Review: ‘Ted Lasso’ season two develops into more than a comedy

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Apple TV released the second season of “Ted Lasso” on July 23. TRL’s Audrey McCaffity said that “every episode leaves you with a smile on your face.”

After starting off as an NBC Sports commercial in 2013, Apple TV’s “Ted Lasso” has now developed into a beloved TV series. “Ted Lasso ” has won countless awards, most recently winning seven Emmy’s including Outstanding Comedy Series. 

The first season introduces a large cast centered around Ted Lasso (Jason Sudekis) who is a NCAA Division II football coach turned premier league football (soccer) coach. Naturally, this provides for endless comedy and made the show quickly gain a large following. If the first season was defined by a single word it would simply be “joy.” The second season continues on with its lighthearted and humorous storylines; however, it also introduces serious storylines regarding mental health that bring the show to a whole new level. 

Throughout season two, several players and Lasso himself are developed way deeper than before. The introduction of Dr. Sarah Fieldstone (Sarah Niles), the team’s new psychologist, allows for a new sense of vulnerability to be found in Ted as well as some of the players on AFC Richmond. Ted is able to open up more and more as the season progresses, and the audience can’t help but feel all of his emotions as his story unfolds. Even though it focuses on tougher topics, every episode still leaves you with a smile on your face. Mental health is important, and by bringing it into a show as wholesome as “Ted Lasso” it is raising much needed awareness.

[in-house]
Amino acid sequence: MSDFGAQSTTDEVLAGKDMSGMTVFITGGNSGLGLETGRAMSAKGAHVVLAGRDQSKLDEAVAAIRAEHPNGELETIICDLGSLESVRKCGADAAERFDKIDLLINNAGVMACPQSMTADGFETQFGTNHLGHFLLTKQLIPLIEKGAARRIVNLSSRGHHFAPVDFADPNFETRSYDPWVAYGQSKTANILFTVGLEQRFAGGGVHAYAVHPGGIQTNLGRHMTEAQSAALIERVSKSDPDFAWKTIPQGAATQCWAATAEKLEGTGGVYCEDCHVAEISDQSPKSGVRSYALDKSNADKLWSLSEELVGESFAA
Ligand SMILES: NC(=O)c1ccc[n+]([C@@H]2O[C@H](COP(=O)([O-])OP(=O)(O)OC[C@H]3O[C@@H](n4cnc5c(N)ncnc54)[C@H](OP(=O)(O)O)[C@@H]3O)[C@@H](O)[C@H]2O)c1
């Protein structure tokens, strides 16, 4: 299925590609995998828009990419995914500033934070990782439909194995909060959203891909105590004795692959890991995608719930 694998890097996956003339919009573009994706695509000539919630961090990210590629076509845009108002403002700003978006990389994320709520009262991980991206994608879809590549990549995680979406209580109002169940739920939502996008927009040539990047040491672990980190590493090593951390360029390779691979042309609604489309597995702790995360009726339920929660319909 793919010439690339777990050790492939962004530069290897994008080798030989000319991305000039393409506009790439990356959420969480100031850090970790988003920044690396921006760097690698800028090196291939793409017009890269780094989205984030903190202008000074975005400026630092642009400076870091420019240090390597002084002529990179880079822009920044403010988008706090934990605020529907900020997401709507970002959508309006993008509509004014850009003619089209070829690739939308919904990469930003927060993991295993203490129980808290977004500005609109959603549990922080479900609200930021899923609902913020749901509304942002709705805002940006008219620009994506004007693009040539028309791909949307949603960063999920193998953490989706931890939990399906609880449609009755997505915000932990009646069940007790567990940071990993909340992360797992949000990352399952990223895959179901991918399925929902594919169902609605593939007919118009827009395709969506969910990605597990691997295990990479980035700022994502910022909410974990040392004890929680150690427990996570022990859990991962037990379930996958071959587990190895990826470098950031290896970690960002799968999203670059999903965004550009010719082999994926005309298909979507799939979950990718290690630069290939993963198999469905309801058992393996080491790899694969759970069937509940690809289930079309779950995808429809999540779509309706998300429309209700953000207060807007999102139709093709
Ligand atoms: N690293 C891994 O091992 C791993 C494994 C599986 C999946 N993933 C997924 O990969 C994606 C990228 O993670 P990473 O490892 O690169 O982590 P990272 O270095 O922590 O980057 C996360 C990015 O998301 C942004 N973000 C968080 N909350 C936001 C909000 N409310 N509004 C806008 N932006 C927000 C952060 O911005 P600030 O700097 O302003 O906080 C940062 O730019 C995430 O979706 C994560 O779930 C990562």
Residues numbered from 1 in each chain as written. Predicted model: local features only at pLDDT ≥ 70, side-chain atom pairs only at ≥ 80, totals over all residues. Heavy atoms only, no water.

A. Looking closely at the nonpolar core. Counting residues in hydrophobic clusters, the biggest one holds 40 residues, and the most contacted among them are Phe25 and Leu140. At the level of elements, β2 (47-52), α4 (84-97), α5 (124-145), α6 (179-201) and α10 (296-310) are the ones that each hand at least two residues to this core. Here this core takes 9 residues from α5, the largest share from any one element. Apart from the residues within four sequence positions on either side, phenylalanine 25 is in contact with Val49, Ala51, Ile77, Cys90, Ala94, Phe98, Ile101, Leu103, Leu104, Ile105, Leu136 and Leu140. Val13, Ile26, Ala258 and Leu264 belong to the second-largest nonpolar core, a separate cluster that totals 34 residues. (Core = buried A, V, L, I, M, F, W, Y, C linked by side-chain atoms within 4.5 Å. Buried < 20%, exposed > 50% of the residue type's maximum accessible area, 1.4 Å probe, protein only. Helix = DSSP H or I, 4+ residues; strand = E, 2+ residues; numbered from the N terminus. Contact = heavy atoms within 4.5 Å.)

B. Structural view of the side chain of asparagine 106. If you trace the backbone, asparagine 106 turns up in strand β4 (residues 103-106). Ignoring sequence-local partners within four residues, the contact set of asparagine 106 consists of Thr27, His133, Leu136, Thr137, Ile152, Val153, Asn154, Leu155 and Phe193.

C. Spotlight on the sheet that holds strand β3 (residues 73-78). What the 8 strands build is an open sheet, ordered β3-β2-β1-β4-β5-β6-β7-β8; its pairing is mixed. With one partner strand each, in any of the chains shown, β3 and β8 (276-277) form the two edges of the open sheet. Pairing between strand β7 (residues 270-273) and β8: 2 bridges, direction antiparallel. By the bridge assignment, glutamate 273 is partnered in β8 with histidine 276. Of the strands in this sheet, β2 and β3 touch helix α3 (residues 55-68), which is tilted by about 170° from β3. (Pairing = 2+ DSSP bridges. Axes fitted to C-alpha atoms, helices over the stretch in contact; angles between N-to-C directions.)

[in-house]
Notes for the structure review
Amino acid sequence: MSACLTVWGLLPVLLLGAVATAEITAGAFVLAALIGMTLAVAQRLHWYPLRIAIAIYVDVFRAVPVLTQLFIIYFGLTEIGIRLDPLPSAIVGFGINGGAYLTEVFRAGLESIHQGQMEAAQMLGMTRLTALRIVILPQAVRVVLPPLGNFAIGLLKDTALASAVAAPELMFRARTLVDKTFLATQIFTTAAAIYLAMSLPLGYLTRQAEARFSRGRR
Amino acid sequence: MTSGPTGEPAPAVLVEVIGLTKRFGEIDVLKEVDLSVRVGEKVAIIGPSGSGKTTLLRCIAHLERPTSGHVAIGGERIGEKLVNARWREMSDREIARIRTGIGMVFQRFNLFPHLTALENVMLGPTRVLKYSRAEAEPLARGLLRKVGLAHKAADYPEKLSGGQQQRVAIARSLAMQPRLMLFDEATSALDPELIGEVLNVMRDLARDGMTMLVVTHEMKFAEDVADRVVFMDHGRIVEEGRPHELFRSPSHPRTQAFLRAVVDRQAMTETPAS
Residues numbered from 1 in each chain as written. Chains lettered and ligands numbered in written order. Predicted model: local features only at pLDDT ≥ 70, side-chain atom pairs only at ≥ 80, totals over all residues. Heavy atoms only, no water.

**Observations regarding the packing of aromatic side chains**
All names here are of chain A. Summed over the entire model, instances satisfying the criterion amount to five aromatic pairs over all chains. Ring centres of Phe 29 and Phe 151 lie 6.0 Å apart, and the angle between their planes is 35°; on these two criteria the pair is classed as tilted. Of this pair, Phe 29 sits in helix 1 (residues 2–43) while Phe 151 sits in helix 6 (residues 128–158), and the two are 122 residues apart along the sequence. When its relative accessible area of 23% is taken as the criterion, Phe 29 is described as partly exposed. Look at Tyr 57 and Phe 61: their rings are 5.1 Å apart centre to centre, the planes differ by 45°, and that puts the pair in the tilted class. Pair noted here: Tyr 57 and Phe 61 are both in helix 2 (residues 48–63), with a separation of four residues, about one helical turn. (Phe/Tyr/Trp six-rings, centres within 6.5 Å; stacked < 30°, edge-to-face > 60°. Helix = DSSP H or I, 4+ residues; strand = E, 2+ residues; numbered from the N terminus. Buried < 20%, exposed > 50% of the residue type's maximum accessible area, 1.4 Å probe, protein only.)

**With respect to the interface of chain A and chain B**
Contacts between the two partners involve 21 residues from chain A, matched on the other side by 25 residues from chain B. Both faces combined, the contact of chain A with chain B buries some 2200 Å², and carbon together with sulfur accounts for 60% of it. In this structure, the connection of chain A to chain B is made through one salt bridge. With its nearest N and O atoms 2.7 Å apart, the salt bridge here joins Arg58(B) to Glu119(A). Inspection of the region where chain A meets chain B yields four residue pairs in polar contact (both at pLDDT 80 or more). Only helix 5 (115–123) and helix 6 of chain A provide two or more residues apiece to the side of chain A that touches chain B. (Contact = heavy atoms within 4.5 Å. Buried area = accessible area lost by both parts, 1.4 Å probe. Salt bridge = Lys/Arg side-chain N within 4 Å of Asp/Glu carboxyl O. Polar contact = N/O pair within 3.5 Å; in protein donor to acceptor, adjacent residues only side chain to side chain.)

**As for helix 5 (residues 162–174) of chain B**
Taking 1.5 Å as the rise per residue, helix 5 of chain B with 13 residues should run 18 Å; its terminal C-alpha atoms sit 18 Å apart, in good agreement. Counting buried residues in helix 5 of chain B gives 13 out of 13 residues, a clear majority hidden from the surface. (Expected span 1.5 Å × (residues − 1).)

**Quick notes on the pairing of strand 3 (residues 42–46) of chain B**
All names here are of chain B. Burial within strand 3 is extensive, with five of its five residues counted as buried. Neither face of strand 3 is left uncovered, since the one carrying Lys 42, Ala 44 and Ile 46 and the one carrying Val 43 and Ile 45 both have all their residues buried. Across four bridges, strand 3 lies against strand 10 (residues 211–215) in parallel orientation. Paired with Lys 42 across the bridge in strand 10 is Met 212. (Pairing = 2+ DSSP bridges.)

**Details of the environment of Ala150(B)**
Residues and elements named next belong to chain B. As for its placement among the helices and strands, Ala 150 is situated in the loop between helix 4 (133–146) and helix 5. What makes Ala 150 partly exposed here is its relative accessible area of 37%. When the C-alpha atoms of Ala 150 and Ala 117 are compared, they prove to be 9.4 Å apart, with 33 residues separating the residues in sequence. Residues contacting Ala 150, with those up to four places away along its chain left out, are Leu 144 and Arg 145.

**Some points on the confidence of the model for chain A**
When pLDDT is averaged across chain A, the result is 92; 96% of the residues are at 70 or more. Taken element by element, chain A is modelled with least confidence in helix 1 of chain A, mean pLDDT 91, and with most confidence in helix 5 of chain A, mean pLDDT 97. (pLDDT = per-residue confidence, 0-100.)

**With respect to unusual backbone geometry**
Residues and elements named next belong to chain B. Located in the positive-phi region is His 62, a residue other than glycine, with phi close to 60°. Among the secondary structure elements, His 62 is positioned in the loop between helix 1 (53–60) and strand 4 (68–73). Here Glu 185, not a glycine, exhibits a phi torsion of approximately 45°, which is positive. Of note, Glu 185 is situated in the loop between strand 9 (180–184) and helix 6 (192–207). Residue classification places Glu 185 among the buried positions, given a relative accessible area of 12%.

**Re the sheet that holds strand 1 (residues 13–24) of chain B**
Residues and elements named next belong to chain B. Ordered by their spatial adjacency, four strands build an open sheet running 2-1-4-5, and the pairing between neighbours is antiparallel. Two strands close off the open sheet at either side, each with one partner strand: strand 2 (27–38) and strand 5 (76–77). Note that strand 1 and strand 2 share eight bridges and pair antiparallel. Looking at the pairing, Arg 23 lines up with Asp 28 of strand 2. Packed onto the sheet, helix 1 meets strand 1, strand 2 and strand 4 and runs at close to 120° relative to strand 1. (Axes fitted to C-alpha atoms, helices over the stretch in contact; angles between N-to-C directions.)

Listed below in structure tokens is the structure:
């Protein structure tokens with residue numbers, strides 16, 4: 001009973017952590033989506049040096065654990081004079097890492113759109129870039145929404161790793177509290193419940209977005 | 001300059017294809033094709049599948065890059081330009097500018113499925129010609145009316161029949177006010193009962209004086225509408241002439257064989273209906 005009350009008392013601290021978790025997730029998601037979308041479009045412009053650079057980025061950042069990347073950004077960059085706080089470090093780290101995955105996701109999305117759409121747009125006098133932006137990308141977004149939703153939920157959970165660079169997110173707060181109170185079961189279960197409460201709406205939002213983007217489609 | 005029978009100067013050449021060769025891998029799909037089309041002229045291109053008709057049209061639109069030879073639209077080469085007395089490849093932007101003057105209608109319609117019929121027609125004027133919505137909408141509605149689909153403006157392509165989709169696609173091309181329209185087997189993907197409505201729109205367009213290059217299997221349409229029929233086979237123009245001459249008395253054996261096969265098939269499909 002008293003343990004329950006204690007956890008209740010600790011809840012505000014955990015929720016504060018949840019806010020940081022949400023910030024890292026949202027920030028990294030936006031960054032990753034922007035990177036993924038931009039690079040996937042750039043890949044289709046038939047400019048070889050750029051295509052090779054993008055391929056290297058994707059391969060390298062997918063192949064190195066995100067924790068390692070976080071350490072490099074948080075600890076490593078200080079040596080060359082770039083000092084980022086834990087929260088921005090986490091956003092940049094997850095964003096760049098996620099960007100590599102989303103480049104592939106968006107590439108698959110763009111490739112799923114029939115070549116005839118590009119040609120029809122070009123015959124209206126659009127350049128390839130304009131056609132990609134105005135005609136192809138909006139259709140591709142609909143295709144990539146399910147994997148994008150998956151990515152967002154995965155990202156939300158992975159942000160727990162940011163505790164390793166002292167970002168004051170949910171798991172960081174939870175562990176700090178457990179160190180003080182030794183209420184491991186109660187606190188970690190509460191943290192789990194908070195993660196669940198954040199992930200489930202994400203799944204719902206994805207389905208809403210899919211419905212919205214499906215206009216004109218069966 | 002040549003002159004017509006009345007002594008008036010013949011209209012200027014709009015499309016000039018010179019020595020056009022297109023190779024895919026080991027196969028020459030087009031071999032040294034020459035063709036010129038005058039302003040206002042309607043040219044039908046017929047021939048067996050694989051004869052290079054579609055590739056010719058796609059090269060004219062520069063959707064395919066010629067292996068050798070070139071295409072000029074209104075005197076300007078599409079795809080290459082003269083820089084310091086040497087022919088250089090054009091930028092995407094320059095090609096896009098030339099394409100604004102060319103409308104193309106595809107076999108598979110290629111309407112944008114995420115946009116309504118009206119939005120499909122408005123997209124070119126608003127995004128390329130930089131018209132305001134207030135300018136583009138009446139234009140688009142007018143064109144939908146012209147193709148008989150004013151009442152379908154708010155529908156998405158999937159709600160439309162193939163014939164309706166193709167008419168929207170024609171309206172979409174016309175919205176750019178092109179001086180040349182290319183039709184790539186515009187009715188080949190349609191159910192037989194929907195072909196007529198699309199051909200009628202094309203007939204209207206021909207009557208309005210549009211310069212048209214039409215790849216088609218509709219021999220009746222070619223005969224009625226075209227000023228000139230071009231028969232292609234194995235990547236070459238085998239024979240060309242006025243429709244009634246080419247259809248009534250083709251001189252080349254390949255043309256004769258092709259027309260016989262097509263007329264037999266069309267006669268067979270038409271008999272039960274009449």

Each of the characters fits perfectly into the show, and all of them deserve recognition. Roy Kent’s (Brett Goldstein) relationship with Keeley Jones (Juno Temple) grows immensely during season two, and it causes subtle changes in each of them individually that make the audience root for them even more. Rebecca Walton (Hannah Waddingham) leaves behind her serious and almost condescending personality to develop into more of a free spirit. Waddingham is incredible during this season, and her ability to play the character both ways is evident. 

Additionally, season two brings the underdog story of Richmond further into play. After being moved down a league at the end of season one, Richmond is looking to improve their record and move forward. There is not a single player (no, not even Jaime Tartt) who could ruin the team for anyone. Nobody wants a team full of good guys to fail, and the interest in seeing the team move to the premier league again adds another element to the story that keeps viewers watching. 

Season two also brings an unexpected couple into the story of AFC Richmond. While on most other shows, supporting characters’ relationships are not nearly as important as the main character’s’ story, “Ted Lasso” takes time to show aspects of all the characters’ lives. They not only add to the complexity of the show, but also increase the overall entertainment value. 

“Ted Lasso” has already been renewed for season three which will no doubt once again provide a light in peoples day. Sudekis originally planned for the show to only complete three seasons, but for now there is still a chance there will be more to come. The show is successful in having the ability to make you both cry and laugh in the same episode and that is no doubt a result of the amazing writing and cast. 

Rating: A+